Mighty Hammer Down
on Jan. 28, 2011
So far, I've read both Mighty Hammer Down, and Blood and Bronze. I love the plot, but unfortunately for this volume, the dialogue (and it's politics) becomes cumbersome and repetitive.
It isn't the political viewpoint so much as how often that viewpoint is expressed throughout the novel. The characters spend far too much time explaining their politics, again and again, to the same people. Towards the end of the novel, it became distracting and frustrating as the action would stop while this occurred.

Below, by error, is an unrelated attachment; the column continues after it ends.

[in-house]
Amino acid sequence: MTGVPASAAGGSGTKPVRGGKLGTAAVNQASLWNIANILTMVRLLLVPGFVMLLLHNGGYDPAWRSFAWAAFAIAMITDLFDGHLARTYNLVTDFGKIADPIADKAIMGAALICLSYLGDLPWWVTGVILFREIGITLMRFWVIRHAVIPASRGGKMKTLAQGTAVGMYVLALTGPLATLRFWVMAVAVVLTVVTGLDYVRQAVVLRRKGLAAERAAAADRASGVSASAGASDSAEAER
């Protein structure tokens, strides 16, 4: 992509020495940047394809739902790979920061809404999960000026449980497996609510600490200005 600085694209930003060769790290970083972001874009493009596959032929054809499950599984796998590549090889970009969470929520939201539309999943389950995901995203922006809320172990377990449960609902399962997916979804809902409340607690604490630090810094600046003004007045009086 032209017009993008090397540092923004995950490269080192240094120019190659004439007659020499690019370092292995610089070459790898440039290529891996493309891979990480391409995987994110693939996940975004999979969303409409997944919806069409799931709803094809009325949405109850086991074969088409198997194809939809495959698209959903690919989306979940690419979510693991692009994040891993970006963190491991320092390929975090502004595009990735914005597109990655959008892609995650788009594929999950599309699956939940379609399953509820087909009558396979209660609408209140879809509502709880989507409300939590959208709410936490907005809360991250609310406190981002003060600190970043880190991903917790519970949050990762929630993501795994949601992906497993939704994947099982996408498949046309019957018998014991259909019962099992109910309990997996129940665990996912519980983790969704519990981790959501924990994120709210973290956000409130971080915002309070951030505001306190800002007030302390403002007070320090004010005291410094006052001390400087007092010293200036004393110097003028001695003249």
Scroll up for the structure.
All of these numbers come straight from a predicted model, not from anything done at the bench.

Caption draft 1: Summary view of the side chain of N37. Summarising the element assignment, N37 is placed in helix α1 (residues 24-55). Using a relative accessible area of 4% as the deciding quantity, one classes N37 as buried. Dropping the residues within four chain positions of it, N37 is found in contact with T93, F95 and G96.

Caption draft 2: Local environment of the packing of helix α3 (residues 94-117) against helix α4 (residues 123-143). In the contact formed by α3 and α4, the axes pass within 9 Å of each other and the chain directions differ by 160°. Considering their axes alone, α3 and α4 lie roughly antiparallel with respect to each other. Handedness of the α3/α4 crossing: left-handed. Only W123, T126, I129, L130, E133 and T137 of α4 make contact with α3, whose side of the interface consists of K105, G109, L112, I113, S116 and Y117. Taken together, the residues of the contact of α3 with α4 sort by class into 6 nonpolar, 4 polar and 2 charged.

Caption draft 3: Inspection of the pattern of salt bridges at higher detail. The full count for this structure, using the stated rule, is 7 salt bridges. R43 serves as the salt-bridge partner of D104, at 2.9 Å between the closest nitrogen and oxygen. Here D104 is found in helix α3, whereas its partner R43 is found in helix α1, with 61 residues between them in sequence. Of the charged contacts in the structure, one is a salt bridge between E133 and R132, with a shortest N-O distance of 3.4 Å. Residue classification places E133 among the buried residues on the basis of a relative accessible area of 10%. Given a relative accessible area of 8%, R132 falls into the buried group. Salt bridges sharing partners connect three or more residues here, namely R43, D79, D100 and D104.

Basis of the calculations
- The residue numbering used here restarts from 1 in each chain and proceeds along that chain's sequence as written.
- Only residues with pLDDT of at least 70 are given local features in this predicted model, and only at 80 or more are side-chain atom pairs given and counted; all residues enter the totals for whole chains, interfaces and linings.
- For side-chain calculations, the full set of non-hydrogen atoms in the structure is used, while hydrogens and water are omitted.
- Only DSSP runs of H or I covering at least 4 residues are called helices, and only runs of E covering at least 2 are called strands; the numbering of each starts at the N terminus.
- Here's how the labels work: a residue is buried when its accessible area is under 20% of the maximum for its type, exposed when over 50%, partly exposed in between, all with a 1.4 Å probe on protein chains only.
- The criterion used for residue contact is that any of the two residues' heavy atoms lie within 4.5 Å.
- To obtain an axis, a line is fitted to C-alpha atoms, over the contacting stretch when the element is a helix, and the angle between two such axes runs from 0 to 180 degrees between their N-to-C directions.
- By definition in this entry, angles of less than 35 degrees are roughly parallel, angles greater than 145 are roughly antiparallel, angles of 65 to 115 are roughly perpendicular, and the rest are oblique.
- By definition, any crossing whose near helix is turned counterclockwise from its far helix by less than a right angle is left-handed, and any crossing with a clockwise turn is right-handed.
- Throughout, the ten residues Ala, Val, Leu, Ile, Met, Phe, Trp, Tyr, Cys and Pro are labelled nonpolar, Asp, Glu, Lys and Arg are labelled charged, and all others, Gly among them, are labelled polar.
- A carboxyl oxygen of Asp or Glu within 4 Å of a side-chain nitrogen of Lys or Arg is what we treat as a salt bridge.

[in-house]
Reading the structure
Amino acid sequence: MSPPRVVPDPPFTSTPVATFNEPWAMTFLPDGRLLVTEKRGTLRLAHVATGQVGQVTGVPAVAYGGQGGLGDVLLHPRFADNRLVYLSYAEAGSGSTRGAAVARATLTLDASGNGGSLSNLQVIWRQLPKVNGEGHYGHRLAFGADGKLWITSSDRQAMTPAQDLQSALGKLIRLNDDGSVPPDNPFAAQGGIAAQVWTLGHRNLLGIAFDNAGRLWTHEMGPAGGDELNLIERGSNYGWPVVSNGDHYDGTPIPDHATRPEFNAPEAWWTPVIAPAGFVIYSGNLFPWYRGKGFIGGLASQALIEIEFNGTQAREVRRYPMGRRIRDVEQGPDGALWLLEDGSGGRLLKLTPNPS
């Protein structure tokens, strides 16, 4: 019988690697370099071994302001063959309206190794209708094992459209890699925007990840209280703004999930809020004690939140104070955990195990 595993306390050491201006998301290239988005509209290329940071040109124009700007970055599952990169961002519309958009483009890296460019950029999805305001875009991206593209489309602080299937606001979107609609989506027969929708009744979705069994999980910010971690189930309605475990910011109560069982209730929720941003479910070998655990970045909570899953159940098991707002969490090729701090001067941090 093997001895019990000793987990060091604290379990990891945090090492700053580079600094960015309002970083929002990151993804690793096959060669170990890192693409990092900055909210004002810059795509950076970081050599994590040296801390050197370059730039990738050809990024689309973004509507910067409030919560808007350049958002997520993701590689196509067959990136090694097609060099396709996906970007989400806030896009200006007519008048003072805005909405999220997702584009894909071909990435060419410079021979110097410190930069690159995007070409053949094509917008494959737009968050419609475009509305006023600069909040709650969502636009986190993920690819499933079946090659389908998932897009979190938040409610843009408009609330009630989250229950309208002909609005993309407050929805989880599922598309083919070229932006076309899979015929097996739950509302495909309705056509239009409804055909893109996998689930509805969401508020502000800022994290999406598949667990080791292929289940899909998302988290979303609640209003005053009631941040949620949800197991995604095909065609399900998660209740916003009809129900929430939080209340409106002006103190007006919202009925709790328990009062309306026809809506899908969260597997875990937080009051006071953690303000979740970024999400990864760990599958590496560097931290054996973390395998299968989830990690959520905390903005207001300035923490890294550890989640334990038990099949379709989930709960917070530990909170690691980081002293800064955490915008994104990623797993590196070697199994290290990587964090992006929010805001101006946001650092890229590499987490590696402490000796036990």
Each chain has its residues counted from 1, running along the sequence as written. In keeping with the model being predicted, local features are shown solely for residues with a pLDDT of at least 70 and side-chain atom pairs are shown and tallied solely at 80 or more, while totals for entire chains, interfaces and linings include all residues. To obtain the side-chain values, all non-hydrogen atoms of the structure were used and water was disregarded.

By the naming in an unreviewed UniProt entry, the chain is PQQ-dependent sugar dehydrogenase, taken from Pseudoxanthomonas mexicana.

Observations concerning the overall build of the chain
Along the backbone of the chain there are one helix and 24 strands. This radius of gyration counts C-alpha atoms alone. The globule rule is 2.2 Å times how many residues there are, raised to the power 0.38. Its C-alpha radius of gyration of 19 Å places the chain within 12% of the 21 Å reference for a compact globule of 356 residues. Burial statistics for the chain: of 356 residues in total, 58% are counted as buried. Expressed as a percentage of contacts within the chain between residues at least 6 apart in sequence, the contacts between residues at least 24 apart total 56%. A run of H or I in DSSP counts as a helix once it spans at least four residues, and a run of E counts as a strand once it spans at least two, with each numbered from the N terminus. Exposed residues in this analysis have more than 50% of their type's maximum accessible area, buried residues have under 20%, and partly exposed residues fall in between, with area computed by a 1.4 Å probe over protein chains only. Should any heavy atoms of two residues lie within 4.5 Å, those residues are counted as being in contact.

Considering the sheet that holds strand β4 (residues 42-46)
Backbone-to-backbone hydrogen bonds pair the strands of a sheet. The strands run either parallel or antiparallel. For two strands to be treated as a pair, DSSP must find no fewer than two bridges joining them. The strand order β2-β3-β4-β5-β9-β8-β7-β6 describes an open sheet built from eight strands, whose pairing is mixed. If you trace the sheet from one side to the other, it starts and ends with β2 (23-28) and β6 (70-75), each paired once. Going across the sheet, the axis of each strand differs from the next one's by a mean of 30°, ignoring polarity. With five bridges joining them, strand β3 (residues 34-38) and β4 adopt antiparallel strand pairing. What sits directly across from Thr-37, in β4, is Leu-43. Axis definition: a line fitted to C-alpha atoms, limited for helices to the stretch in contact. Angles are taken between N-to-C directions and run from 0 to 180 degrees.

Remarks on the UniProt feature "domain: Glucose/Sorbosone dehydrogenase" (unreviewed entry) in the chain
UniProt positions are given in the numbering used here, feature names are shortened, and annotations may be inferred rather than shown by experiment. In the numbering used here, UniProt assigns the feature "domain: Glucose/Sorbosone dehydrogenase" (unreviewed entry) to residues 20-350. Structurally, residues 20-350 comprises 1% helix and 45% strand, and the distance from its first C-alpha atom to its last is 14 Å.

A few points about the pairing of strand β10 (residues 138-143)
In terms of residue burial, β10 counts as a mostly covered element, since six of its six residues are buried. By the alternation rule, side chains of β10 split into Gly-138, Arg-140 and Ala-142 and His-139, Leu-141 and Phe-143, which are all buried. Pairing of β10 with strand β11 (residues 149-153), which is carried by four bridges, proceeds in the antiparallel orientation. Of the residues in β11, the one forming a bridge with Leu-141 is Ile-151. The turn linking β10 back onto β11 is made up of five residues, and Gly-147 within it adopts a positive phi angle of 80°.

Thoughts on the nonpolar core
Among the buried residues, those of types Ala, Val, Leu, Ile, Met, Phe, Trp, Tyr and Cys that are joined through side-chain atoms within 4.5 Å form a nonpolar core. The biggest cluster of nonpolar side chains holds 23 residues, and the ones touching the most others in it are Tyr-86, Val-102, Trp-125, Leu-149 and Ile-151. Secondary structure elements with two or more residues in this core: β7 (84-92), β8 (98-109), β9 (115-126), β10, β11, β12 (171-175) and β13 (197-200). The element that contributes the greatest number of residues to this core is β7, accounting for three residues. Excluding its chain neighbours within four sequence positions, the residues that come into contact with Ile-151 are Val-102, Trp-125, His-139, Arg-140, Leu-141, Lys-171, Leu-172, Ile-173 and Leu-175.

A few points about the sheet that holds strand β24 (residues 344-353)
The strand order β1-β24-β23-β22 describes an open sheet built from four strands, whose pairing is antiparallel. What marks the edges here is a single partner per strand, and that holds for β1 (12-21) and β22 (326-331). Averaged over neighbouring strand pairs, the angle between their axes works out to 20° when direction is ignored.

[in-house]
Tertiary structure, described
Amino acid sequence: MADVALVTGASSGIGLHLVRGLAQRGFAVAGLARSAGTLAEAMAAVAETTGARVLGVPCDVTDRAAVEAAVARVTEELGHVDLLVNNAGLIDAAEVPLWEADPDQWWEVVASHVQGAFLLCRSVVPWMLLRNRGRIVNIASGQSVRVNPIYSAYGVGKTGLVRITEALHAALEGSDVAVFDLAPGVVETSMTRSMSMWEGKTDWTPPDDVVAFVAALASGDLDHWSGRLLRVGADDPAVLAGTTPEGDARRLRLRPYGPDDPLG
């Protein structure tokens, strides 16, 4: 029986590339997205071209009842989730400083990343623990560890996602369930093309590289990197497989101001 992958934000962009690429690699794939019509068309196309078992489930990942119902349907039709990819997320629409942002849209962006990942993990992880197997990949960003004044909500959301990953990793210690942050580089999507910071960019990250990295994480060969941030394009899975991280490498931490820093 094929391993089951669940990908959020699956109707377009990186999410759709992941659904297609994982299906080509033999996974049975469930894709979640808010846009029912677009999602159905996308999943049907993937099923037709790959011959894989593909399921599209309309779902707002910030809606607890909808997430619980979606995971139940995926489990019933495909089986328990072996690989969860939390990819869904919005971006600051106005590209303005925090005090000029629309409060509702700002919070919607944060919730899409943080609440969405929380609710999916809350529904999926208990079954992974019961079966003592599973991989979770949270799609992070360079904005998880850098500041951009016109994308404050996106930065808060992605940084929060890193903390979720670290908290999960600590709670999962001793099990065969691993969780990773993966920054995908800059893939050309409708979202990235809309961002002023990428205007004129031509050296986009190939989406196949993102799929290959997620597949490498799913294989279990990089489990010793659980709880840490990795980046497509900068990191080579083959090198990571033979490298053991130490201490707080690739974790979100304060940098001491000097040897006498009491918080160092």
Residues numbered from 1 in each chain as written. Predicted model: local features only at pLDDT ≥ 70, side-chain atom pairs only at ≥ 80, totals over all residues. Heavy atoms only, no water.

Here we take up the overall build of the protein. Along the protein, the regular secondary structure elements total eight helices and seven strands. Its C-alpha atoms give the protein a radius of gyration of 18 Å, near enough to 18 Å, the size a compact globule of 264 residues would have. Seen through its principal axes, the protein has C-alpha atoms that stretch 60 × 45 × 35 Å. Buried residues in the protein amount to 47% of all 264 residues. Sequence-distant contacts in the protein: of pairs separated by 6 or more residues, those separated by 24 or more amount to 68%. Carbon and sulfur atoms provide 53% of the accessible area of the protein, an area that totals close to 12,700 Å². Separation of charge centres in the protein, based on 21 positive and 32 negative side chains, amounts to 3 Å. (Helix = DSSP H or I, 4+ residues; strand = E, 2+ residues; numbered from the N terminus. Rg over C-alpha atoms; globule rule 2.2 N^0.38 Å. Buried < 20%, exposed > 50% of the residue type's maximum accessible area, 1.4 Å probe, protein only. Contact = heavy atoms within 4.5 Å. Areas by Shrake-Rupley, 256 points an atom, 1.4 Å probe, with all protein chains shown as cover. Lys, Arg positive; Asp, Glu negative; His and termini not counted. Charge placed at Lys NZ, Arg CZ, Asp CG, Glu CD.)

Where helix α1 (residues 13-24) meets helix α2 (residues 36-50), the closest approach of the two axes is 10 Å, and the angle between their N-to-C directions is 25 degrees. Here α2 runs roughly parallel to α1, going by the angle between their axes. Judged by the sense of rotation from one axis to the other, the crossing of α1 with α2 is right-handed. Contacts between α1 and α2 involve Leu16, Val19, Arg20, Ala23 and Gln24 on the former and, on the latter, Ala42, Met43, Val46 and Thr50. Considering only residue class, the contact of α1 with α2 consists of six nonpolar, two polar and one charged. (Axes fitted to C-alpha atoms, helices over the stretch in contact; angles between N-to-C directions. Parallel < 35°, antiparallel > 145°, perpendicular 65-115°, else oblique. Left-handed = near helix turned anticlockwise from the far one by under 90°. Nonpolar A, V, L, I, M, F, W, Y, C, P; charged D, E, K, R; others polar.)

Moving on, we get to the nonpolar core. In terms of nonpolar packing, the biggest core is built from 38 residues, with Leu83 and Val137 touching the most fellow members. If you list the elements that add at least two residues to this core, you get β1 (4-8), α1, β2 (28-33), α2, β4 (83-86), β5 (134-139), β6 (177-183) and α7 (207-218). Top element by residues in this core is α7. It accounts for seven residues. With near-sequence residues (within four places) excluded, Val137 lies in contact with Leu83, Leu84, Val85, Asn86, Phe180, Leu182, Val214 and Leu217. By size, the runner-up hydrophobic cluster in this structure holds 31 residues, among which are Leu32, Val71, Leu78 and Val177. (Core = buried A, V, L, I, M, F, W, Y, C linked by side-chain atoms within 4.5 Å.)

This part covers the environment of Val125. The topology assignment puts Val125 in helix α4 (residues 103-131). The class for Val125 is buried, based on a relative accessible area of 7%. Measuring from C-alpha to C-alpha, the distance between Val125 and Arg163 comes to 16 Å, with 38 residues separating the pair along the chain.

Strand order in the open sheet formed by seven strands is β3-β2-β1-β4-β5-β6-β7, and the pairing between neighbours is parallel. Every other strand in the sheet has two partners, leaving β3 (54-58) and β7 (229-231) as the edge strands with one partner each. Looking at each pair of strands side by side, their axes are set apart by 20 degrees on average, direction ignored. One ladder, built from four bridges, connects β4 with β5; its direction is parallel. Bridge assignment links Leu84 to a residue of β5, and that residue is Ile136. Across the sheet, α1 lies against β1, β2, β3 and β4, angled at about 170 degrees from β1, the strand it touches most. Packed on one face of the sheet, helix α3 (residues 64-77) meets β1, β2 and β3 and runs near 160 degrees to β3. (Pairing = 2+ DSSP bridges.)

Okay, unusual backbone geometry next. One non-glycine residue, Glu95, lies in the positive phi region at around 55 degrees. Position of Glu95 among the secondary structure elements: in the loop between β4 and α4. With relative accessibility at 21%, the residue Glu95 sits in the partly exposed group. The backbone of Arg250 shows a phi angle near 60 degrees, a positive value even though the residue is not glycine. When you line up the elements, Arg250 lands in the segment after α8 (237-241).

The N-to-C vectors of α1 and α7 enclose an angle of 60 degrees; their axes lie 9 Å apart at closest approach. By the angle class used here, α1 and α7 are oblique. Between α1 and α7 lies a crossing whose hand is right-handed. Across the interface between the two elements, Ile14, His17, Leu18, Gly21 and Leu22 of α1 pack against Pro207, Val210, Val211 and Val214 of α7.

It is the plot and characters that stand out. All of the characters, both good and ill, are not so one-sided that they feel like they belong in cartoons. The heroes have flaws; the antagonist is one that has reasonable intentions, albeit horrifying methodologies. Even the gods are imperfect and fallible. The plot is intriguing with interactions between gods, mages, and men both mortal and immortal. When these aspects of the novel are allowed to proceed, it is fast-paced and entertaining.
The good news is that the second novel, Blood and Bronze, does allow that to happen on a more consistent basis. Clearly, the author was more comfortable in relaying his opinion via action (and its consequences), so that the second volume moves more freely and with less stumbles. I was very much hooked into it.